The department for work and pensions has cut the amount of time that the trustees of a defined contribution scheme have to tell a member about the open market option.
According to a statement from The Pensions Regulator, as of 6 April trustees will only have to inform scheme members of the open market option four months before their retirement date, rather than the previously required six months.
The Pensions Regulator said: “Trustees must also ensure that if they use ‘lifestyling’ in their investments then they [must] notify members of this on at least two occasions.”
A spokesperson for TPR said the changes bring DC pensions law into line with the requirements surrounding personal pensions.
However, Laith Khalaf, head of corporate research at Hargreaves Lansdown, said the move seems to go against the trend of increased communication requirements in the light of the changes to pensions rules announced at this year’s Budget, when chancellor George Osborne stripped away all caps and limits on drawdown.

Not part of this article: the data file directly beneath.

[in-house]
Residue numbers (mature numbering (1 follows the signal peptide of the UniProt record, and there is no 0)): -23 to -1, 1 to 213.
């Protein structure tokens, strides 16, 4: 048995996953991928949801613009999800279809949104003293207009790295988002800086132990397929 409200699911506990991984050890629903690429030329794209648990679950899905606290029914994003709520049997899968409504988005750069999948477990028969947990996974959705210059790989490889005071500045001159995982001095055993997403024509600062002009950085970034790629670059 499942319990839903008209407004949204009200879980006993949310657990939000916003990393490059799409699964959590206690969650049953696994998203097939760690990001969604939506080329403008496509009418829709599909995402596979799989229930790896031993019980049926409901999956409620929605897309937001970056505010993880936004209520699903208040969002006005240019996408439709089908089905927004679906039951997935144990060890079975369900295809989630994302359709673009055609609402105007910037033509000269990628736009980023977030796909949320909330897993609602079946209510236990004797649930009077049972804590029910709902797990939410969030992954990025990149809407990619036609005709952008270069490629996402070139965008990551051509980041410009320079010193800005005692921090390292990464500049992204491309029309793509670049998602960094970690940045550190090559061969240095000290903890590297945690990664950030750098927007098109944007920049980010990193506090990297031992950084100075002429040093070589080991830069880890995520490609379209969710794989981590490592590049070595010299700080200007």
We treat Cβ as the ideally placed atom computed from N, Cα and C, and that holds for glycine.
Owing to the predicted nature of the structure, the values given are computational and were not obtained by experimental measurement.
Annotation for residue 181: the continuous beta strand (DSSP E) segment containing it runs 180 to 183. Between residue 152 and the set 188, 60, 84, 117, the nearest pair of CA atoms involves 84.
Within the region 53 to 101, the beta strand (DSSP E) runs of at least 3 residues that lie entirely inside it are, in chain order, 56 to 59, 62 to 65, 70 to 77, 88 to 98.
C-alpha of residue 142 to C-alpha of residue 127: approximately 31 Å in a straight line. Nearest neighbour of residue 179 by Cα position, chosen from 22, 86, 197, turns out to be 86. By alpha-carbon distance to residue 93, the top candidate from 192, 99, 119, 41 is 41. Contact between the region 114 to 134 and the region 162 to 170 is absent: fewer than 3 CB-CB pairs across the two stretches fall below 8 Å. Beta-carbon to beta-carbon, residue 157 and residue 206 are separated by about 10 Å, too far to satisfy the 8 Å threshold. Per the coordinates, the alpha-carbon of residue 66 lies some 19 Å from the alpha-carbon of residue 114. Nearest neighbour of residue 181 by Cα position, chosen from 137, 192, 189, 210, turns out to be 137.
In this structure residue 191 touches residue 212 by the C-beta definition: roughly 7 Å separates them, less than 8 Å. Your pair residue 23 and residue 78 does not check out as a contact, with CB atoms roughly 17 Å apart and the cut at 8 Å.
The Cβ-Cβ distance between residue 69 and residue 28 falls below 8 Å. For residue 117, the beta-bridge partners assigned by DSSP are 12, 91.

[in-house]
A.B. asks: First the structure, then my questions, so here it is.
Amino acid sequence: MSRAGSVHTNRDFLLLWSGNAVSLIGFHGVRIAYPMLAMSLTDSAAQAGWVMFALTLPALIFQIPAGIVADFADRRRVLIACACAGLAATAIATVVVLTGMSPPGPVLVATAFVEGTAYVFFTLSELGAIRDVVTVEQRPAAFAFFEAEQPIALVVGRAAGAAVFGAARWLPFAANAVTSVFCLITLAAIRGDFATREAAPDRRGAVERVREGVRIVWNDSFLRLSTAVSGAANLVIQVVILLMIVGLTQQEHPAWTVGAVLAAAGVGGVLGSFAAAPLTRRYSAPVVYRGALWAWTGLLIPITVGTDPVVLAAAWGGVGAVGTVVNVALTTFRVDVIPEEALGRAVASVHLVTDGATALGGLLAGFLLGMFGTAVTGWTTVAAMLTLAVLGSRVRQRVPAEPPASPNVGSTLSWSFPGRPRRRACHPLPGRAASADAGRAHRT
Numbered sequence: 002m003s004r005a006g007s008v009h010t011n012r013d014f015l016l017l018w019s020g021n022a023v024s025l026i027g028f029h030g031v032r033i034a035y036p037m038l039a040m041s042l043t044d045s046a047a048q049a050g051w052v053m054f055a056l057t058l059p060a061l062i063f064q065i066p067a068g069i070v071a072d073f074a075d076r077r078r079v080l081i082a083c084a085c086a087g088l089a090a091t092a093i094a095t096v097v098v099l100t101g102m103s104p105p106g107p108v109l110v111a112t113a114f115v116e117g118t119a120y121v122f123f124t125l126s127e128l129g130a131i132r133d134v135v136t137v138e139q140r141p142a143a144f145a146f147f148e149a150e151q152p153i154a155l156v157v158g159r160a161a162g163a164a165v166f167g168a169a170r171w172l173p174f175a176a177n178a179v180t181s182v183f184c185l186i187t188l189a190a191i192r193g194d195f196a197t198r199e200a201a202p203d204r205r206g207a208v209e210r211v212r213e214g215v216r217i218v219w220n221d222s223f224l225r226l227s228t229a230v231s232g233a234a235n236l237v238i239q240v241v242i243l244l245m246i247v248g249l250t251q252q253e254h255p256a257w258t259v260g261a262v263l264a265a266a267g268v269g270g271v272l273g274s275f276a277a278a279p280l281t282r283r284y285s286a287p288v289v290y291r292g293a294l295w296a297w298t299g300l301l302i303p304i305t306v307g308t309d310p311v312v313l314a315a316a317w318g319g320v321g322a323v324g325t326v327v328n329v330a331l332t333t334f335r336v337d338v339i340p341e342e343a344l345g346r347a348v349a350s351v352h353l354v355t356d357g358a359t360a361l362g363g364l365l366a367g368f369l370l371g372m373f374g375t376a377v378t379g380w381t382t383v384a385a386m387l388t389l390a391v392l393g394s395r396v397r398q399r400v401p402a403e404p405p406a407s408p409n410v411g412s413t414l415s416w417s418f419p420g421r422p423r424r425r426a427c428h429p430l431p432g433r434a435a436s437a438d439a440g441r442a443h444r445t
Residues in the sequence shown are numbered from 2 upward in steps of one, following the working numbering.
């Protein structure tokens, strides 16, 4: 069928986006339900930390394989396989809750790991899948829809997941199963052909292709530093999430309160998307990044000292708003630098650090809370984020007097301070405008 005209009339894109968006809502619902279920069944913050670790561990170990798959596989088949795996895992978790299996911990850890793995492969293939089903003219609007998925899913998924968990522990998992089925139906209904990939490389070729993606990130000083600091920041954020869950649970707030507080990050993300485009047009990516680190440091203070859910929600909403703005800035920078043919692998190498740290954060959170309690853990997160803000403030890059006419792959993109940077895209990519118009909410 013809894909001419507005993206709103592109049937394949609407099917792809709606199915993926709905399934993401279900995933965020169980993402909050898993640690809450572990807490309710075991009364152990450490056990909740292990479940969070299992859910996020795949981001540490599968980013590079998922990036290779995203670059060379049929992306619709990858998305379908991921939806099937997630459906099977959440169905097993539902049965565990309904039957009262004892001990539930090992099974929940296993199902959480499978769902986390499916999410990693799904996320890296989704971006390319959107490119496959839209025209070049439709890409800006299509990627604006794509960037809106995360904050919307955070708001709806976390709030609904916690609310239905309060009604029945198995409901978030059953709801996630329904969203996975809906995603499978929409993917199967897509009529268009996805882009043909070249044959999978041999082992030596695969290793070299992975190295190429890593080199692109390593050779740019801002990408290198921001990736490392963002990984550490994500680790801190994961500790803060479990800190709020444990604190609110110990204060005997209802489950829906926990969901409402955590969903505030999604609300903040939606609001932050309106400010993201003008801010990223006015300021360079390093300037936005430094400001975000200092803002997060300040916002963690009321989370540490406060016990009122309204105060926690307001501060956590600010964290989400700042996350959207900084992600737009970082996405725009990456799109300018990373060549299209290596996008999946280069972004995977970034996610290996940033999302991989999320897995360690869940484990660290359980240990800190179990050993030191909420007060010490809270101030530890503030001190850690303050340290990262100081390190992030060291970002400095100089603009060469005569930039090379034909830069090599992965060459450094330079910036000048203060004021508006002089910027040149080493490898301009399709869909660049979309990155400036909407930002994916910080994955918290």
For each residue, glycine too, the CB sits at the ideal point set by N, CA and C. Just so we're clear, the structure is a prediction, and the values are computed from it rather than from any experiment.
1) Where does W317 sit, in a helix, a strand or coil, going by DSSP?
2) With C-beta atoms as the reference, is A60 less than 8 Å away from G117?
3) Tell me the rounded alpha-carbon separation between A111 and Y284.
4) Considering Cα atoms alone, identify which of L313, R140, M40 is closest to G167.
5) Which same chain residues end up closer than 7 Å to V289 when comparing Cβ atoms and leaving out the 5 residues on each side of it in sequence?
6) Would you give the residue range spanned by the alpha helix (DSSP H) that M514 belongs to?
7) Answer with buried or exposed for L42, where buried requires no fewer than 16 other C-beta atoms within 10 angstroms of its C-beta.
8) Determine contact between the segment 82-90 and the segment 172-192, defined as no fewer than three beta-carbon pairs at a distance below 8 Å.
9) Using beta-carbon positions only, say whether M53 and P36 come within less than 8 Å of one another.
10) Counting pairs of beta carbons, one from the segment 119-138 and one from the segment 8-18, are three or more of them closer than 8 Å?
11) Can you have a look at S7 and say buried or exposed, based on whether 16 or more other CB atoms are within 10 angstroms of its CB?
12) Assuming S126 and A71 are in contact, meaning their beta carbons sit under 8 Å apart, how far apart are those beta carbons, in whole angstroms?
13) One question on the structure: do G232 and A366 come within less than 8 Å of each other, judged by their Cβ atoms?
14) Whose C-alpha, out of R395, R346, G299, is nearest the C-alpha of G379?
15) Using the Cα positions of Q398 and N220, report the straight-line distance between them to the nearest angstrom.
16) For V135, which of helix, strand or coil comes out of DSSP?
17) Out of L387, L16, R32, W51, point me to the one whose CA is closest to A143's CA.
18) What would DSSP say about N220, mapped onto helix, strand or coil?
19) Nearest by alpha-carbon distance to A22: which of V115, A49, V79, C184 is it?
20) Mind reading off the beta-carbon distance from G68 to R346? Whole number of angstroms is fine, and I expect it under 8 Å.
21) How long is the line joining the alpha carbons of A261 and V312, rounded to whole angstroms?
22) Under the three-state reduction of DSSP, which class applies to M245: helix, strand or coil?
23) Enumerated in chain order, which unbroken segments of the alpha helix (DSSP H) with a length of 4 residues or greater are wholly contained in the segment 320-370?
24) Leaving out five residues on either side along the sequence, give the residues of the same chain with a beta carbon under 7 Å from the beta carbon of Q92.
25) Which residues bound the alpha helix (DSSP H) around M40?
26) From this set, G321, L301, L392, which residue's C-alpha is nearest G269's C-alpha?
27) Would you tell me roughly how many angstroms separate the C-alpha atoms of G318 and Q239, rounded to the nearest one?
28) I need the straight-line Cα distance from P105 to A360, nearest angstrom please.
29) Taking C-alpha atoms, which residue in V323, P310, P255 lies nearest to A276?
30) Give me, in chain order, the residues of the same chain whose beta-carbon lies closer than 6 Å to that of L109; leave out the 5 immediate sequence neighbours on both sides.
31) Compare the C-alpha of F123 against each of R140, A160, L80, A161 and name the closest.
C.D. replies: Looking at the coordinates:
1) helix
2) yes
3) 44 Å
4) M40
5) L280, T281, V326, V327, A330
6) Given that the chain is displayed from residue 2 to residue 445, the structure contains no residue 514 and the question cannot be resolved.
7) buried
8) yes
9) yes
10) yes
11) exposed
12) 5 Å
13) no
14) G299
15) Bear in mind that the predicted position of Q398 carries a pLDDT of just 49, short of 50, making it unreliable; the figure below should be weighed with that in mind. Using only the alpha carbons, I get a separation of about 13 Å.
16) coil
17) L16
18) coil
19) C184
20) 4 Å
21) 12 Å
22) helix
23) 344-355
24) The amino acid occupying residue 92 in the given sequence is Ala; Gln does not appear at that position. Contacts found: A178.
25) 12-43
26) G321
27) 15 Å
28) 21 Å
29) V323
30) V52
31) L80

Mr Khalaf said that although the move brings requirements into line with those held by the Financial Conduct Authority, which he says requires members be contacted between six and four months before retirement, the change goes “kind of against the grain” in light of a push by government and regulators towards better communication between parties and improvements to member education.
He said: “The point is realistically with all the changes that are going through next April, actually people need to be talked to about their retirement options way in advance. We are talking years rather than months.”
The Association of British Insurers’ code of conduct requires customers to be contacted between five and two years prior to retirement to encourage them to start considering their options.